Dirt Never Hurt: Jack Schroeder’s '82 Porsche 911 SC Targa
Words and Photography by Courtney Cutchen Photography
Roughly two years ago, one of Jack’s coworkers tipped him off to a classic Porsche 911 that they had seen sitting in a garage in Valparaiso, Indiana. We’re only a sentence into this story, but you can probably guess where we’re going. As it went, Jack searched the neighborhood and finally came across that dust covered Targa he’d been told about. Owned at the time by a gentleman in his 70s, the car had been sitting since 2012 and there was no real plan to bring it back out. His conscience wouldn’t let the car remain a dust covered garage piece, so Jack made a deal with the man that day and brought home his new-to-him Porsche.
Like many of us, Jack has fond memories of his childhood experiences surrounding cars. His father was an avid car and bike enthusiast who rarely let his hands idle. “He always had tons of stories about his 928,” Jack said. “He sparked a huge interest in cars and bikes for me at an early age, and has supported most of my questionable car, motorcycle, and jet ski purchases.” Jack attributes a lot of his mechanical knowhow to those childhood experiences with his dad. Today, he’s pretty much self sufficient and can maintain whatever is in his garage by himself.
At the time of the Porsche purchase, Jack was working as a full time commercial and wedding photographer. He enjoyed his small collection of motorcycles, his 911, and his ’86 944 Turbo. Then, when a job opportunity in Los Angeles popped up, he decided to take it. It would be reasonable to assume that he simply packed up his belongings and shipped the Targa to LA. In a more exciting turn, Jack decided to take on the challenge of making the 2,400 mile trek to California from the driver’s seat of his 911.
He ventured onward through all weather conditions—harsh sun in the desert, mild, winding roads in the mountains, and pavement coated with ice.
Once he reached LA, he continued to drive his car on a daily basis. Even if you’ve never been to the greater Los Angeles area, you’ve heard about its infamous traffic. Locals hate it, tourists hate it, everybody hates it. For people like Jack, though, it’s no deterrent from enjoying his Porsche every day. While he does alternate with a motorcycle here and there, the majority of his driving is done in the Targa.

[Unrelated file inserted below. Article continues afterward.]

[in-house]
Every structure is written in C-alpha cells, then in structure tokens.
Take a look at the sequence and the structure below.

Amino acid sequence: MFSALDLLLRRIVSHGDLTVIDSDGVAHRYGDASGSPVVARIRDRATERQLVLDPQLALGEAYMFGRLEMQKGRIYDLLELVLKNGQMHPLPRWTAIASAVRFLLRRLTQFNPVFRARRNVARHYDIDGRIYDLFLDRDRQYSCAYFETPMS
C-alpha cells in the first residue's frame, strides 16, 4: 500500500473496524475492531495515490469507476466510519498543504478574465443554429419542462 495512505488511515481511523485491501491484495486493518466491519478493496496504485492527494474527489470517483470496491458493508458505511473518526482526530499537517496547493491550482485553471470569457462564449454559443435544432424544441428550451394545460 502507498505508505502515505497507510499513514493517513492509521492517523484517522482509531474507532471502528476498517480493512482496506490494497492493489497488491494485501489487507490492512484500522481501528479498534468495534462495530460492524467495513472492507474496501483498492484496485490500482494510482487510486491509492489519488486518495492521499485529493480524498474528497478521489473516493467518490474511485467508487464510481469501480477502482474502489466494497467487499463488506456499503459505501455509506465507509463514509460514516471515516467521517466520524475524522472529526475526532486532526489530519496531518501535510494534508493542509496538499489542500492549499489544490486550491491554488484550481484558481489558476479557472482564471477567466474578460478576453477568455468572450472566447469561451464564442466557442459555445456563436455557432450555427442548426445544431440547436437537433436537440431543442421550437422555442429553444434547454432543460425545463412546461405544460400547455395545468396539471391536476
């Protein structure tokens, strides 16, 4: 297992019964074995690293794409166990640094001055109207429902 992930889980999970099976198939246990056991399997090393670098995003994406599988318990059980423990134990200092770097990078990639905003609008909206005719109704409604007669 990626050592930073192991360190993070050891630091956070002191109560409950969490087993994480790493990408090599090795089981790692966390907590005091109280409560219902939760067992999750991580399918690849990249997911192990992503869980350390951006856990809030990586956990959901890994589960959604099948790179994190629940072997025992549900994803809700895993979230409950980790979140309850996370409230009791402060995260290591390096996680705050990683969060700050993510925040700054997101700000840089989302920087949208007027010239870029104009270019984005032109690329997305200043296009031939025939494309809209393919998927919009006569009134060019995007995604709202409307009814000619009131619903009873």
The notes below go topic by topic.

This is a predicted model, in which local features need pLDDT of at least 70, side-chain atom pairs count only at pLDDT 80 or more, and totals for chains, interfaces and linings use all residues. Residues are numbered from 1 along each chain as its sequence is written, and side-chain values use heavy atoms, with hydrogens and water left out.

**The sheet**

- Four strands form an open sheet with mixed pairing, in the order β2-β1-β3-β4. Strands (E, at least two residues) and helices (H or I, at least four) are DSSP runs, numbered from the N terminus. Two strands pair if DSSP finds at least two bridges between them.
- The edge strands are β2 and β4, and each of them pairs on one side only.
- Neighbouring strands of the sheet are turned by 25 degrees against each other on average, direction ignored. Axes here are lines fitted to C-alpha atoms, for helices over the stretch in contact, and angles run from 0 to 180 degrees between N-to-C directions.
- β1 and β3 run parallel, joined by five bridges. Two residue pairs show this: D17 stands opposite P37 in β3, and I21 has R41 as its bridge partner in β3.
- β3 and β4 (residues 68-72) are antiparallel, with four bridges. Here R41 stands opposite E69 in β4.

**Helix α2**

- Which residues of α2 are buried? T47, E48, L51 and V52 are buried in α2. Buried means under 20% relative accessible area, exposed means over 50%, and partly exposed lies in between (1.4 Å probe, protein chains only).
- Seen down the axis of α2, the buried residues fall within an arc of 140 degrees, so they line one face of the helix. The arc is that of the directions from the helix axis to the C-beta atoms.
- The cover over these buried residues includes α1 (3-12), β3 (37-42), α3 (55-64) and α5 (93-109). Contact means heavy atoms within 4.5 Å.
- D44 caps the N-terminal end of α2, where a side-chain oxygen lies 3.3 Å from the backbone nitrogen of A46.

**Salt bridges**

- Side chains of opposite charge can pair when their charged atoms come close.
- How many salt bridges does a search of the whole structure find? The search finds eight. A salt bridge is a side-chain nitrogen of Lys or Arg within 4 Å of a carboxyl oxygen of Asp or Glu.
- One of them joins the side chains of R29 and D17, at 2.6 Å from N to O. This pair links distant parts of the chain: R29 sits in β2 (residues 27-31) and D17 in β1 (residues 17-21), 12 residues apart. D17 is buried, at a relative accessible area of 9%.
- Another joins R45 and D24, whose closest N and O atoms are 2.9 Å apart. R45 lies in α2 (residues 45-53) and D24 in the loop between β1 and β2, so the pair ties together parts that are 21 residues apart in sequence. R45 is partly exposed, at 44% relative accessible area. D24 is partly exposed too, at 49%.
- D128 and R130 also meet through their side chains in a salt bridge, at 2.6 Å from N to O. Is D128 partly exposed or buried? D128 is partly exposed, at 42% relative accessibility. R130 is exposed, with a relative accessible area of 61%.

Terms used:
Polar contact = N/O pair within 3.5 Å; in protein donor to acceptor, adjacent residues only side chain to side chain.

Since he still works as a photographer and creative, his work can end up taking him almost anywhere. Just days before we shot this story, he had driven the 911 up to Carmel to shoot a wedding in one of the summer’s most intense heat waves. On the side of it all, Jack also has a Porsche themed side hustle called Zero Fuchs Given. He cleverly refers to this as his “911 fund.”
Because he spends so much time in the Targa, he has his favorite elements pinned down pretty well. Embracing the rawness and blunt nature of a car that is so analog is a thrilling experience that he gets to enjoy regularly.
“Steering feedback, shifting through the gears of a 915, the headlight humps over the hood, the sound of an air-cooled flat six . . .” Jack went down the list. It’s easy to get lost talking about why you love a particular car so much. He enjoys the spontaneous nature of roaming around in the Porsche most days, and we can’t say we aren’t at least a little bit jealous.
Contrary to the theme of this story, there are plenty of people who strongly disagree with such “heavy use” of a classic car—especially one that’s part of a bubble. It seems to be more of a collector or conservationist mentality, which throws a certain amount of judgement at those who really romp on their old cars. We all know a garage dweller; someone who only brings their car out on the weekend for a show or Sunday drive. There’s nothing wrong with that, of course, but we were curious as to see what Jack’s answer was to the question of, “Why daily drive a classic Porsche?”
“They’re cars.” He put it bluntly. “They were made to be driven and enjoyed. I didn’t buy my car to store it hoping to make a buck in value. I bought it to drive the hell out of it and get my money’s worth.”
It’s a fresh and somewhat rare sentiment that Jack carries. It isn’t really a commonality to see someone who drives their classic car every day. With the allure of creature comforts, improved safety, and overall ease of use, modern cars are an easy option for daily life. It takes a certain level of commitment to your classic to maintain it through the wear and tear that we usually put Corollas and Accords through. Jack, however, is nonchalant about his driving preferences. He truly lives by the words he says, and the love of the machine is greater than his love of air conditioning (which does tempt him from time to time).
If there’s a note to be taken from Jack, it’s to just enjoy what you have. Cars are therapeutic, and are supposed to be enjoyed—especially in their old age.
And lastly: a little dirt never hurt anyone.